What Are the Different Types of Legal Entities You Can Use for Your Business?

What Are the Different Types of Legal Entities You Can Use for Your Business?

What are the different types of legal entities? One of the confusing things that people face as business owners, especially when they’re forming and setting up their company is this: “How do I operate my business? I hear all these terms: DBA, sole proprietorship, partnership, or corporation. What are these different ways of running my business?” 

 

Sole proprietorship

There are types that limit liability and types that don’t limit liability. If you’re a sole proprietor, you’re an individual who’s running a business. That can be Joe’s Plumbing or it can be through a DBA, doing business as, or a fictitious business name. 

This means, you can file something, typically on a county-by-county basis in California. You could file a doing business as statement or a fictitious business name statement in Los Angeles county, Orange county, or San Diego county. 

So instead of Joe’s Plumbing, you could file a fictitious business name statement and do business under that name. That gives you a brand and a name you can use for your business legally. However, it doesn’t prevent anyone from suing your business and having personal liability claims filed against you versus your business. 

Corporation or LLC

When you set up a corporation or an LLC, you provide liability protection, where the corporate assets are separate from your personal assets. So, if the business gets sued or goes under, then your personal assets, i.e., the assets of the owner, are safe. 

The types of entities that limit your liability that we recommend are either a corporation or an LLC. An LLC is a limited liability company. They’re both legal entities that are set up by a state filing, i.e., with the state of California, the state of Delaware, or the state of Nevada, where you form a corporation or a limited liability company.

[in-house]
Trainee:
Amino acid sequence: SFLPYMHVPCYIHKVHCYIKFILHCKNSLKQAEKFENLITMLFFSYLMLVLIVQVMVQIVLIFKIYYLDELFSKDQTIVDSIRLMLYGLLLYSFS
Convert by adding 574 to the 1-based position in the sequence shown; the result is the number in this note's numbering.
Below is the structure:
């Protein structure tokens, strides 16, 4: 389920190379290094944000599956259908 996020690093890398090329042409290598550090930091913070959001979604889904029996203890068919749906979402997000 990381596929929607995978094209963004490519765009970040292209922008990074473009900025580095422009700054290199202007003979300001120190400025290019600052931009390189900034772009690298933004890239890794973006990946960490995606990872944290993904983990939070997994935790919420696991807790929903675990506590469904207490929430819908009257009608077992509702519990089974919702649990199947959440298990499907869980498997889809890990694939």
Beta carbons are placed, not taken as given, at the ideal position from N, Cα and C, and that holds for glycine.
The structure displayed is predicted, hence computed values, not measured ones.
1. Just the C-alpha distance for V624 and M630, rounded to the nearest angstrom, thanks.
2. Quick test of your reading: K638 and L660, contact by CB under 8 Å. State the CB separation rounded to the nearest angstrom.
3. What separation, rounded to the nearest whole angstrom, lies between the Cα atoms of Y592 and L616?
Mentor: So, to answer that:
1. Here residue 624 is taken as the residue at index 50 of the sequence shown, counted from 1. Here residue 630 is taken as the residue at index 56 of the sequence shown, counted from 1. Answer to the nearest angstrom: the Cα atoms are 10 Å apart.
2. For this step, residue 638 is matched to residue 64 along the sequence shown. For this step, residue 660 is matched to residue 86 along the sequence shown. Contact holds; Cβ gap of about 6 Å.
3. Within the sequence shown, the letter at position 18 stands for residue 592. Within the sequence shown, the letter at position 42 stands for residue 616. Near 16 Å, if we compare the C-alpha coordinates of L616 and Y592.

It’s a separate legal entity that holds all your business assets. It’s the name that you use to do business under and enter into contracts with. So, if anything goes wrong, they go after the legal entity and the assets owned by that legal entity, corporation, or LLC. 

Tax matters

Corporations can be taxed as a C corporation or an S corporation. You may hear a small business owner saying, “What are you? I’m an S corporation.” There’s really no such thing as an S corporation. It’s just a corporation. However, it elected with the IRS to be taxed under sub-chapter S of the Internal Revenue Code. So, it’s taxed as an S corporation. 

In fact, it’s taxed more like a partnership or a flow-through entity and it avoids double taxation, where the corporation would be taxed on profits and then, when it pays the profits to the owner, the owner would be taxed as well. This happens in a C corporation. In an S corporation, you’re only taxed once when those distributions are made to the owner. 

A partnership

Another type of legal entity is a partnership, which can be either a general partnership or a limited partnership. Typically, a limited partnership requires filing with a state. General partnerships, at least in California, can be formed without actually filing anything with the secretary of state. But normally, you’d still have something like a partnership agreement in writing that would say how the business is run, and who the owners are. 

So here are the primary types of structures that businesses are held in: sole proprietorship, which includes people saying that they’re a DBA; a corporation, which can be taxed as a C corporation or an S corporation; a limited liability company, which is commonly referred to as an LLC; or some form of a partnership, either general or limited.

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